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I think im gonna start from scratch, im gonna save my script, html and php in a separate file outside of my xsl file. this way i can keep the well formed stuff and non well formed stuff separatly.Then im gonna import it or use a template engine to fill the data in the right place.

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I think im gonna start from scratch, im gonna save my script, html and php in a separate file outside of my xsl file. this way i can keep the well formed stuff and non well formed stuff separatly.Then im gonna import it or use a template engine to fill the data in the right place.
I must say... I don't get it.XSLT is used to turn one XML data (your dialect) into another XML data (XHTML). XML files must be well formed, which is, in its core, a good thing.You may create whatever editor you want, but in the end of the day (session), it must still submit a text that would have to represent the whole template (i.e. XSLT code with XHTML in it) or portions of it (i.e. XSLT or XHTML code). Even if you were to define and implment your own transformation language, the submitted text must still be a well formed XML or XML fragment.Why not simply disallow non well formed stuff, and show the user an error message? Doing so is trivial - just check whether loadXML() returns true. If it doesn't, it means the XML is not well formed.If you let the user just fill it the data, that's another thing - do use a templating engine for that, or implement it on top of your own. But if you want to let the user edit the whole template (XHTML and stuff...), what you had started doing was the right thing. Edited by boen_robot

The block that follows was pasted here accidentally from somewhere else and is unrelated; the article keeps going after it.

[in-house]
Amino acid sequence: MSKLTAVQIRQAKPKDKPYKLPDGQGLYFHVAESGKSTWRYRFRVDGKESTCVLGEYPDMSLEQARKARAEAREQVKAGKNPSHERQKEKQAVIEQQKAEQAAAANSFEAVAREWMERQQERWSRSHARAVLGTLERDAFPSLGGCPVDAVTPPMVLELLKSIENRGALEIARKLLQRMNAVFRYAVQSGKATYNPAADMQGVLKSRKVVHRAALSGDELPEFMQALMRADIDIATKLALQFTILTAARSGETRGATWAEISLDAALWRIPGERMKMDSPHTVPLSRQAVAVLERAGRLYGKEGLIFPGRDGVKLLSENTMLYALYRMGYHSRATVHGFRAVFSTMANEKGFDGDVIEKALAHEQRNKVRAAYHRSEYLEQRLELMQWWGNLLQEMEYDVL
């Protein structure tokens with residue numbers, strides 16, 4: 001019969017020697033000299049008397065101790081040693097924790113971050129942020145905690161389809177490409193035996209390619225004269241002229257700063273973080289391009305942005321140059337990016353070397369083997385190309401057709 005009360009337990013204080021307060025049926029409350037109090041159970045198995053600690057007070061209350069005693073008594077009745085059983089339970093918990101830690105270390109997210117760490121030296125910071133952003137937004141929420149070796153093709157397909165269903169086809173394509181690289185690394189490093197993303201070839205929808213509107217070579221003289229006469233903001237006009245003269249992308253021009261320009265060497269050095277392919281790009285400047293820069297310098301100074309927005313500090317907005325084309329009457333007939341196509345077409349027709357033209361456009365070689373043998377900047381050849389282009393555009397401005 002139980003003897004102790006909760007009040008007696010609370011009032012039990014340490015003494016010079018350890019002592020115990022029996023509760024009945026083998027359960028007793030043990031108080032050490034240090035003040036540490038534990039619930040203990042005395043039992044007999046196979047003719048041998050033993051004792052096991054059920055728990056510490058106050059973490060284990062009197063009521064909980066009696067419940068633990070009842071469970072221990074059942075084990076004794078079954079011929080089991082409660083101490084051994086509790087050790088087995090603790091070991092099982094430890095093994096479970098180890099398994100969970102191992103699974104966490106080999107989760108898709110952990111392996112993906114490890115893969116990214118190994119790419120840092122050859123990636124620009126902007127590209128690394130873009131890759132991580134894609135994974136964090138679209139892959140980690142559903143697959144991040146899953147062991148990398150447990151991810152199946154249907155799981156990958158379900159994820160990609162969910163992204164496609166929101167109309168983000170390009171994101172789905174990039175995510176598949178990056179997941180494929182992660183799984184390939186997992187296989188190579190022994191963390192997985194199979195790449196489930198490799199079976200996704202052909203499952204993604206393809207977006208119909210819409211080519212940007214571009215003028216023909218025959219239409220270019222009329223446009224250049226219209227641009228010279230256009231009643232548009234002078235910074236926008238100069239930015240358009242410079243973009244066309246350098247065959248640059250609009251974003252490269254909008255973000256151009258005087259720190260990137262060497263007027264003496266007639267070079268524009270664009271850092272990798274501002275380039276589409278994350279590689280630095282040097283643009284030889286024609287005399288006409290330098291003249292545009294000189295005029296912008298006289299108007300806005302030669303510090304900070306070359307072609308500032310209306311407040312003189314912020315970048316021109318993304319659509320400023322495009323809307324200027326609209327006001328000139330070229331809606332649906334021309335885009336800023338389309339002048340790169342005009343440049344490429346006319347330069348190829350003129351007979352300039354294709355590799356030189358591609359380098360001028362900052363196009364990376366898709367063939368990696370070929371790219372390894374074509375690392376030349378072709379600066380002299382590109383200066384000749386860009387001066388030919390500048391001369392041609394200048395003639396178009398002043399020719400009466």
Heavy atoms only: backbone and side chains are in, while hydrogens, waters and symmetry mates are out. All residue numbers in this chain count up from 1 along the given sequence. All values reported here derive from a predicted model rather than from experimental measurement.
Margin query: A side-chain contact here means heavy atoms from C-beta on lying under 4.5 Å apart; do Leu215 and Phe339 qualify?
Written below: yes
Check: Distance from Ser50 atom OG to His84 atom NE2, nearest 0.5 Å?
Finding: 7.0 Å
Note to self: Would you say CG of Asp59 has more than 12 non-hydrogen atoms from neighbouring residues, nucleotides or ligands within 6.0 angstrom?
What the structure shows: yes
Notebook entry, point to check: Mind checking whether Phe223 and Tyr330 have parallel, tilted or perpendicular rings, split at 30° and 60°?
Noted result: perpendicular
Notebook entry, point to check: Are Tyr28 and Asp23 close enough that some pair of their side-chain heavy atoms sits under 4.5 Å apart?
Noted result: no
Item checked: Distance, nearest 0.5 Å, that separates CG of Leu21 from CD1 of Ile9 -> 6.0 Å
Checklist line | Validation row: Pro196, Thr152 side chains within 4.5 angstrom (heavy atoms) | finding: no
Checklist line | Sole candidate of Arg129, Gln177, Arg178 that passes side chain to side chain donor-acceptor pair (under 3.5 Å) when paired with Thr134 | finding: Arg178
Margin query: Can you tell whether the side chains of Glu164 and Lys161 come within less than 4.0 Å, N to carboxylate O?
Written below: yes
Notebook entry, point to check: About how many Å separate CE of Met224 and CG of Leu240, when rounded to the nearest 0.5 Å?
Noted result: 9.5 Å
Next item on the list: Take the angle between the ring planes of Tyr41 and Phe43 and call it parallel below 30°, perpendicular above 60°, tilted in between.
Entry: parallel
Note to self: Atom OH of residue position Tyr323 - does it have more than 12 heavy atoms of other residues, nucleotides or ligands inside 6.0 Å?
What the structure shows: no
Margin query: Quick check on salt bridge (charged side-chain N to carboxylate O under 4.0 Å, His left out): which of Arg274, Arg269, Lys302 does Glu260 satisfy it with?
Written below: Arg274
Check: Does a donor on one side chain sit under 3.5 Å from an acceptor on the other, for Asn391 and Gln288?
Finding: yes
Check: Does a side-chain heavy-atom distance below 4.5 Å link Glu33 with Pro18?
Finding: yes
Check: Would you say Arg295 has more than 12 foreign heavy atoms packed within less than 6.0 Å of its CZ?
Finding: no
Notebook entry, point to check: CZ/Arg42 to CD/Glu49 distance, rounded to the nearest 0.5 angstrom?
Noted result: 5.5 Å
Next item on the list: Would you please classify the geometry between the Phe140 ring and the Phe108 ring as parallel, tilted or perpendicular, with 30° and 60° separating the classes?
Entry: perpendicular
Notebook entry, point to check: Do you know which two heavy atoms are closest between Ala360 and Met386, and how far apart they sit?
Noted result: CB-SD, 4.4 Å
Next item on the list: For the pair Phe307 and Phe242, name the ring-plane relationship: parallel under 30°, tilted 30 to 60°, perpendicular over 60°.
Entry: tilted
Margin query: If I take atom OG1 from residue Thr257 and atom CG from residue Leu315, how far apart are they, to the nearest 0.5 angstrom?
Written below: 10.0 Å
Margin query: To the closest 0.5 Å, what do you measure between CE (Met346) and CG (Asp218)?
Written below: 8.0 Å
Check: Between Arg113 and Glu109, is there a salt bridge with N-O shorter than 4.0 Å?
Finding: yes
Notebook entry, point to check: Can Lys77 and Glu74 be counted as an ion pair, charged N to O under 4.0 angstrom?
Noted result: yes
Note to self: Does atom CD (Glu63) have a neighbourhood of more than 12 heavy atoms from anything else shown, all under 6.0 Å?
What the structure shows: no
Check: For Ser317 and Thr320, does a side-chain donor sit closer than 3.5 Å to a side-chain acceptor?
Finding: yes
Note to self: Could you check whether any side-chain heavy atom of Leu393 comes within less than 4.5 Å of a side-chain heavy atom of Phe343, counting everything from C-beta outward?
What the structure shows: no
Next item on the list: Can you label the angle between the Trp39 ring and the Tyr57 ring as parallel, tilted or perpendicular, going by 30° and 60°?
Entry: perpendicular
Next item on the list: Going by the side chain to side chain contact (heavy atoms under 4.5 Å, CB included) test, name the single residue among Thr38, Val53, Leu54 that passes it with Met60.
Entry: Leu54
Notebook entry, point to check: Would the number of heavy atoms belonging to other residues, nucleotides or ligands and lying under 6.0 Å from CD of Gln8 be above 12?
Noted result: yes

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Im not sure, if Well formed meant clean and well written HTML, i would agree. Usually when i code in html i would do ("<input>" wich is not allowed) But i agree, no big deal, i write well formed stuff ("<input/>") and it works. So i do append or whatever to save it to the node, they strip my "/" so what is saved is in theory non-well formed HTML ("<input/>" become "<input>") so the second time when i extract my data from the node to put it in a textbox(i get "<input>"), it means even if i don't change what i extracted from the node, i can't save it back, i click save and it gives me an error :).The other reason is i want the user to be able to save PHP and Javascript also wich can't be contained in node (not well-formed stuff).

Edited by bakunin
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The other reason is i want the user to be able to save PHP and Javascript also wich can't be contained in node (not well-formed stuff).
Why? PHP should be kept separate, and used only for "controlling" stuff, not for templating. And JavaScript should be kept separate too, whenever possible, and kept in a "controlling" fashion, similarly to PHP, but on the client. Your XHTML should only contain "hooks" for JavaScript. And if you need to execute PHP... you probably need to group that functionality in a separate XSLT template, that you edit with another instance of this same editor.